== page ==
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Afghanistan: What's Worth Dying For
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December 26, 2007: President Karzai believes that foreign troops will have to stay in the country for ten years, before the unrest is eliminated. That's optimistic. Anarchy in the backcountry is customary, and a tradition going back thousands of years. Among the many rural customs that contribute to the current state of war, is the "right" to raise and maintain private armies. Europeans have not experienced this sort of thing for centuries, but it's an everyday reality for most Afghans. As early 20th century communist revolutionaries observed; "power comes out of the barrel of a gun." This is practiced enthusiastically in Afghanistan, and quite openly. It is supported by a web of tribal, religious and cultural customs. These traditions also tolerate bribery of government officials, and switching sides as easily as you would change your clothes.

The Taliban are best understood in terms of tribal warfare, which is, and has been, endemic in Afghanistan for thousands of years. The Taliban represent the tribal and religious customs of a number of Pushtun tribes on both sides of the Pakistani border. The Pushtun tribes have long dominated Afghan politics, because 40 percent of the population is Pushtun (they are a troublesome minority in Pakistan). But the Pushtuns are rarely united, and this is what the "Taliban Wars" are all about. To further complicate the situation, tribal customs differ considerably, and there are many tribal feuds going back generations. Ironically, the introduction of modern technology has made the situation worse. Pickup trucks and motorcycles make it easier to get around. Raiding people who do not belong to your tribe has been a popular entertainment for thousands of years. Now you can motor to the territory of a distant tribe, commit some profitable mayhem, and be home for a late night snack and a round of boasting. The Internet and satellite telephones (cell phone service is only available in a few large cities) make it possible for likeminded tribal leaders to connect, plan and carry out more mischief. The SUV and pickup truck make it possible to rapidly mobilize gunmen. The drug money makes it possible to buy guns, SUVs, sat phones and the loyalty of thousands of young gunmen. You can see where this is going.

What makes the Taliban a really dangerous group is their belief that God has commanded them to conquer the other tribes. This worked temporarily in the 1990s, but the rapid collapse of Taliban power in late 2001 showed how unpopular they were with most Afghans. That has not changed, but neither has the Taliban. Normally, the supply of fanatic leaders would run our (assassinated or killed in battle) in a few years. But the drug trade has given the Taliban a lifeline, which is why the Afghan government is so desperate to shut down the drug business. That, however, incurs the wrath of more tribes, who have never before had access to this kind of wealth. The increasing truck traffic from Pakistan, carrying consumer goods to the drug rich tribes, is something the tribesmen see as worth dying for.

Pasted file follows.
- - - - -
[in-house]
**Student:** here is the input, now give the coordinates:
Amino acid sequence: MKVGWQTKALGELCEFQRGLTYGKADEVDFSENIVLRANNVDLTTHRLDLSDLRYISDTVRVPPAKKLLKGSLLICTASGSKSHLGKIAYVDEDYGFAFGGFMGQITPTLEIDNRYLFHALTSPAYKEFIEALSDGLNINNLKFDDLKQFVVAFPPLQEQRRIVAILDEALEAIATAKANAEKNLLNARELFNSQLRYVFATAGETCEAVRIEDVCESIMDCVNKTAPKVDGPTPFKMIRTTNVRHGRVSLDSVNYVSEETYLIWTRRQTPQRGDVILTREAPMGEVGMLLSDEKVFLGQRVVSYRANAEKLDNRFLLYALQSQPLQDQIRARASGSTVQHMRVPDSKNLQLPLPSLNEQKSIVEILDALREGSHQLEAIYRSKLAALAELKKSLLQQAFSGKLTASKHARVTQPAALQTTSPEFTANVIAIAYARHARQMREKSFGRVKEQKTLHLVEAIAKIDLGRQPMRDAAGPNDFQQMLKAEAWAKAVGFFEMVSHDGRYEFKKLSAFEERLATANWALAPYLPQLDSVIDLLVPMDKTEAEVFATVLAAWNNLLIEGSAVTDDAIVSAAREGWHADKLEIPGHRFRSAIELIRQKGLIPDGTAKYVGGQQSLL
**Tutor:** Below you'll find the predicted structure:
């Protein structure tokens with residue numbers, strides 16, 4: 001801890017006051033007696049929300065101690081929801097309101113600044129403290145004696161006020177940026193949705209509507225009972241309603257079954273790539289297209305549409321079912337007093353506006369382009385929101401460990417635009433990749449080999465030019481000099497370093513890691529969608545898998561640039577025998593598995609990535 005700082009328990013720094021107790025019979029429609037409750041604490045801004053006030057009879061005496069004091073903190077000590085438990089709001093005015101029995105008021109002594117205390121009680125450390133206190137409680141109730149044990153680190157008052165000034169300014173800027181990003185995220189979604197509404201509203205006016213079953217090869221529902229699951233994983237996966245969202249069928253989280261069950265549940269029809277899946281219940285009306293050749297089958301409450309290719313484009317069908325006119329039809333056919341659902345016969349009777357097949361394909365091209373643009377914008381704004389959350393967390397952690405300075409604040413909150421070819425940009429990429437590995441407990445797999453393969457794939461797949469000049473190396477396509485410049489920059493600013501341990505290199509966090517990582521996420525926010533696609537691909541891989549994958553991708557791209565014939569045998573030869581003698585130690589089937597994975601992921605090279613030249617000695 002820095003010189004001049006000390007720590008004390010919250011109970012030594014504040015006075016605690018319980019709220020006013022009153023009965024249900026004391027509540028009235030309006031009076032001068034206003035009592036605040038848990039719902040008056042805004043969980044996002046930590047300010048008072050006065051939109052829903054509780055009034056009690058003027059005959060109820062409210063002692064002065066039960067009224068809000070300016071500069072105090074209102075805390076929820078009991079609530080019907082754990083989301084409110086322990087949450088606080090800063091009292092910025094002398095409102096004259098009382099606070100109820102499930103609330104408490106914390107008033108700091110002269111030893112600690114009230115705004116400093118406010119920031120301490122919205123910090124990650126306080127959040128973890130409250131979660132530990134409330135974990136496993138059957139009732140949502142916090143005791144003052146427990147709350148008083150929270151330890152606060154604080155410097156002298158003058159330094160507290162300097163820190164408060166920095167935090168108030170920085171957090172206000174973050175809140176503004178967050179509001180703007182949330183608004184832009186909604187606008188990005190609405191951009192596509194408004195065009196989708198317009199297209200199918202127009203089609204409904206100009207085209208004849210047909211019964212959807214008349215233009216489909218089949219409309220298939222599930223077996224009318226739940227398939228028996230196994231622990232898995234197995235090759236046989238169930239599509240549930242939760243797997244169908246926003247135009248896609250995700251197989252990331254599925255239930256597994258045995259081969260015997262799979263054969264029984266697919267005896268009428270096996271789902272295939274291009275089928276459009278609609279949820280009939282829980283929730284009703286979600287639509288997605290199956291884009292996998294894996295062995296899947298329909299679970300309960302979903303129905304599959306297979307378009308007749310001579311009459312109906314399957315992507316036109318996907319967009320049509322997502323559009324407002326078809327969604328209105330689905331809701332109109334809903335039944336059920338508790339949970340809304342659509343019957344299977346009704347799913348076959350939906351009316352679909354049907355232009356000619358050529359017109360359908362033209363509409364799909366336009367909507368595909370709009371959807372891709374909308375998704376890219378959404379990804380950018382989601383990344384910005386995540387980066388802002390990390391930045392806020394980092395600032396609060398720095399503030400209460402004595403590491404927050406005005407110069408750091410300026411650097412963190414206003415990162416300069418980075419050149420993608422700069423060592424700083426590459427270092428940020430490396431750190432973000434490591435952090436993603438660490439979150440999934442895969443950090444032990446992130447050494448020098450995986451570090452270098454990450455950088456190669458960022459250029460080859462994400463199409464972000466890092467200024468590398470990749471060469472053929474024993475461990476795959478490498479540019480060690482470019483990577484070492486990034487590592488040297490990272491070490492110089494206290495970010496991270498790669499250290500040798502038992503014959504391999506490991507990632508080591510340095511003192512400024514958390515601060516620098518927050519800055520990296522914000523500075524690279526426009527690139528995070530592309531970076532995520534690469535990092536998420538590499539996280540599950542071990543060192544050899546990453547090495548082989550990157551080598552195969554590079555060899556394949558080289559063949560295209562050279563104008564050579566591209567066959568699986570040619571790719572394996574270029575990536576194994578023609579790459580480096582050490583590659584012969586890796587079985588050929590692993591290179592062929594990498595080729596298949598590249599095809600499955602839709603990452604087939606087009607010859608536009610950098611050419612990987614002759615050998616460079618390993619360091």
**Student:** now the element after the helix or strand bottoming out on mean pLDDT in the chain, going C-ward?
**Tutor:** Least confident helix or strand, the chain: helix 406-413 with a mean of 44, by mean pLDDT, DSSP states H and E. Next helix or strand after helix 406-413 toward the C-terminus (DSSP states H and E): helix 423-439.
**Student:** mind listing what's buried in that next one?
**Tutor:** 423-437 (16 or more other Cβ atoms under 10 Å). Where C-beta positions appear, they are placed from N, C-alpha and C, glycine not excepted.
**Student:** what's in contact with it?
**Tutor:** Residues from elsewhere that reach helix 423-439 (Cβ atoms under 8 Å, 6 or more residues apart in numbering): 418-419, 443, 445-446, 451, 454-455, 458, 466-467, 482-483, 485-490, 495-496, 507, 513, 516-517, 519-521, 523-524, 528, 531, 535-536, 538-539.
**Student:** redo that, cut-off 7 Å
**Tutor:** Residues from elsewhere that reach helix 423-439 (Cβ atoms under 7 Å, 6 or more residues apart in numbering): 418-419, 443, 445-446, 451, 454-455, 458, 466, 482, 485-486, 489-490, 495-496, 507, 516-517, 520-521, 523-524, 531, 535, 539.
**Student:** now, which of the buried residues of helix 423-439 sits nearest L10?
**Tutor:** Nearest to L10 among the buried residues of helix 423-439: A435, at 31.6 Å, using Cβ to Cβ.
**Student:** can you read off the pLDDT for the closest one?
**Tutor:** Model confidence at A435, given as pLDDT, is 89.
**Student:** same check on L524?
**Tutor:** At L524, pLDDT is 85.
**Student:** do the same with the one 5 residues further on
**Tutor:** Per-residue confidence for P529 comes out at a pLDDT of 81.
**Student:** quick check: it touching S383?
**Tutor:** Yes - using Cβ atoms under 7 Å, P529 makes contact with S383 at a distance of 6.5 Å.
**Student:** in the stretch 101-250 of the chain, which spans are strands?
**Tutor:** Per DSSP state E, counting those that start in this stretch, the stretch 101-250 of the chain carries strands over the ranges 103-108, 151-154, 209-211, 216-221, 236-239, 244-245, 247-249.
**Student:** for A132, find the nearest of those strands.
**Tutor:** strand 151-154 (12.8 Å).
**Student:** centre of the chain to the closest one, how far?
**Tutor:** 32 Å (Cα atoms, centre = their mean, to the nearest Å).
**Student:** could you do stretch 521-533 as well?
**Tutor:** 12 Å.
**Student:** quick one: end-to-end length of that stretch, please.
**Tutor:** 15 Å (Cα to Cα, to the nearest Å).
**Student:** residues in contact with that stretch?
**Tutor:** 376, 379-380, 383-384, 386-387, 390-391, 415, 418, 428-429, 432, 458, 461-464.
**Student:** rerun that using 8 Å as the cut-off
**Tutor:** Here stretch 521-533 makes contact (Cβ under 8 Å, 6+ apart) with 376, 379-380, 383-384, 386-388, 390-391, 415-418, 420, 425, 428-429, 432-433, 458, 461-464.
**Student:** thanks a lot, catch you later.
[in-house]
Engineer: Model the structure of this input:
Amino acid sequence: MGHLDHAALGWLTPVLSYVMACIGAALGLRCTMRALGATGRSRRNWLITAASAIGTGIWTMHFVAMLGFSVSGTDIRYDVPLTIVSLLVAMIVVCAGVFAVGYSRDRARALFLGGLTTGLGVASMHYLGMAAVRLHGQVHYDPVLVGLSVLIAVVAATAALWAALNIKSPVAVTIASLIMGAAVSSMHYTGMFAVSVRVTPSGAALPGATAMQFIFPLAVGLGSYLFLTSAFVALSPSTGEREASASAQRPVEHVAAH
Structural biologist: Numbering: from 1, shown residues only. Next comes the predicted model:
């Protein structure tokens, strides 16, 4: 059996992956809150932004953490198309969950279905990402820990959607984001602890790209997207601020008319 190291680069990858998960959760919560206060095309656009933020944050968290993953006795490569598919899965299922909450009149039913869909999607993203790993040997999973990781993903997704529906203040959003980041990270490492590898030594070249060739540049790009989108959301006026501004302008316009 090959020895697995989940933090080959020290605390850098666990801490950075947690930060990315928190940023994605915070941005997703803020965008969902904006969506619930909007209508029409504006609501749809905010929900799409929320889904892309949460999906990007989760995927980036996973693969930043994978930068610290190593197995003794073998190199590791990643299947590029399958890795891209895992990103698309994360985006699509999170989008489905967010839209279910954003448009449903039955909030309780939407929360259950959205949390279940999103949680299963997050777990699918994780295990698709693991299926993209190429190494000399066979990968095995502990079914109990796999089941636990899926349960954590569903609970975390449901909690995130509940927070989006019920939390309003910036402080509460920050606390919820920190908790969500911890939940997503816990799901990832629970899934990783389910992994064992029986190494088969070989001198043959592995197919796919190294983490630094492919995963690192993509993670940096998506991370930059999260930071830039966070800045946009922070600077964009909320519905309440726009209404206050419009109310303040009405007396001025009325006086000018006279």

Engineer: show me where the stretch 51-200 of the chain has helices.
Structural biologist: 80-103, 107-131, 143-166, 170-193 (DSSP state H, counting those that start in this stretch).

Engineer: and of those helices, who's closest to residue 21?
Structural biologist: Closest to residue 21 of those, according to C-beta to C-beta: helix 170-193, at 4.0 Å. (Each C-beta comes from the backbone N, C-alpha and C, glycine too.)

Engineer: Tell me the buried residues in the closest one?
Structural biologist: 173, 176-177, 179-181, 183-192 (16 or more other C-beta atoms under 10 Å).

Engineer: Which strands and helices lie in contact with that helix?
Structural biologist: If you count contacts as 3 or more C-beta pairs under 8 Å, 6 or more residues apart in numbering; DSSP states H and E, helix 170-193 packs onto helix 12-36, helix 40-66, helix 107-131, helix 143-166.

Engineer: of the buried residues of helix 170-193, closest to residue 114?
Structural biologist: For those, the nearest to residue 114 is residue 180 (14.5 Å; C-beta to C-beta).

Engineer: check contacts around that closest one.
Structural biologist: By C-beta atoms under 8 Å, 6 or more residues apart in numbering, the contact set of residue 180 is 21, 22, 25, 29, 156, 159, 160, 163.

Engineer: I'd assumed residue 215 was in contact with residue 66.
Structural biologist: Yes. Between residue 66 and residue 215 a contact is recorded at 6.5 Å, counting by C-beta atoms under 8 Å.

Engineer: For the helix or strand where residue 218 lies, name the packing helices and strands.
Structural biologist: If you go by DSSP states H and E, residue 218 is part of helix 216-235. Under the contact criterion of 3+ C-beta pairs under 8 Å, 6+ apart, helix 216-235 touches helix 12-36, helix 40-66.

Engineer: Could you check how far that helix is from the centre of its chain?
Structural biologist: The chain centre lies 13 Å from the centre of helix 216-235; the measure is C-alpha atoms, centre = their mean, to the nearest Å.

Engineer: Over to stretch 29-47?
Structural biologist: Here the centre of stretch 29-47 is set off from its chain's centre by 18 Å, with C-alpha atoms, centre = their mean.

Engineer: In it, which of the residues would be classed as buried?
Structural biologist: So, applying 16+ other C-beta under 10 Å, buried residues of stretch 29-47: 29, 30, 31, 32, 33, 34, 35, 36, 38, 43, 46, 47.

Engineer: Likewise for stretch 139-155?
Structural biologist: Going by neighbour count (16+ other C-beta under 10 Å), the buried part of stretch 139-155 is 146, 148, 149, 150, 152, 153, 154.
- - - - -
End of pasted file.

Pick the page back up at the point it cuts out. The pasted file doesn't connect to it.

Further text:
December 25, 2007: This year's poppy harvest is believed to have yielded over 8,000 tons of drugs. Iran believes that about 30 percent of that ended up in Iran. There, police manage to confiscate about 20 percent of the drugs, but 30 percent is consumed in Iran, and the rest smuggled on to the Middle East and Europe. It's a big business, and that attracts an unlimited supply of smugglers, organizers and gunmen. It also creates a growing number of opium and heroin addicts in Afghanistan, Iran and Pakistan. The dope is cheaper in its country of origin, which matches the lower income of the addicts. But, as in the West, the addicts steal, and sometimes murder, to feed their need for drugs. This, more than foreign troops, is what most motivates nations to crack down on drug production. Drug addiction is particularly likely in wealthier families, including those making their money from the drug trade. This drama, however, takes more than ten years to play out, and Karzai probably knows it. He lived through the demise of the drug trade in western Pakistan, where it was crushed and forced across the border into Afghanistan in the 1980s. Unfortunately, Afghanistan hasn't got a disorganized neighbor to push the drug business into, and those making all that money from opium and heroin are willing to fight, or bribe, to hold on to it. That brings up another ancient and popular tradition in Afghanistan; bribery. Too many Afghans see nothing wrong with taking a bribe to look the other way. It's not considered a source of angst, but rather a stroke of luck. This makes it difficult to stamp out.

Afghan is more about changing fundamental, and ancient, traditions, than it is about shooting people and blowing things up.

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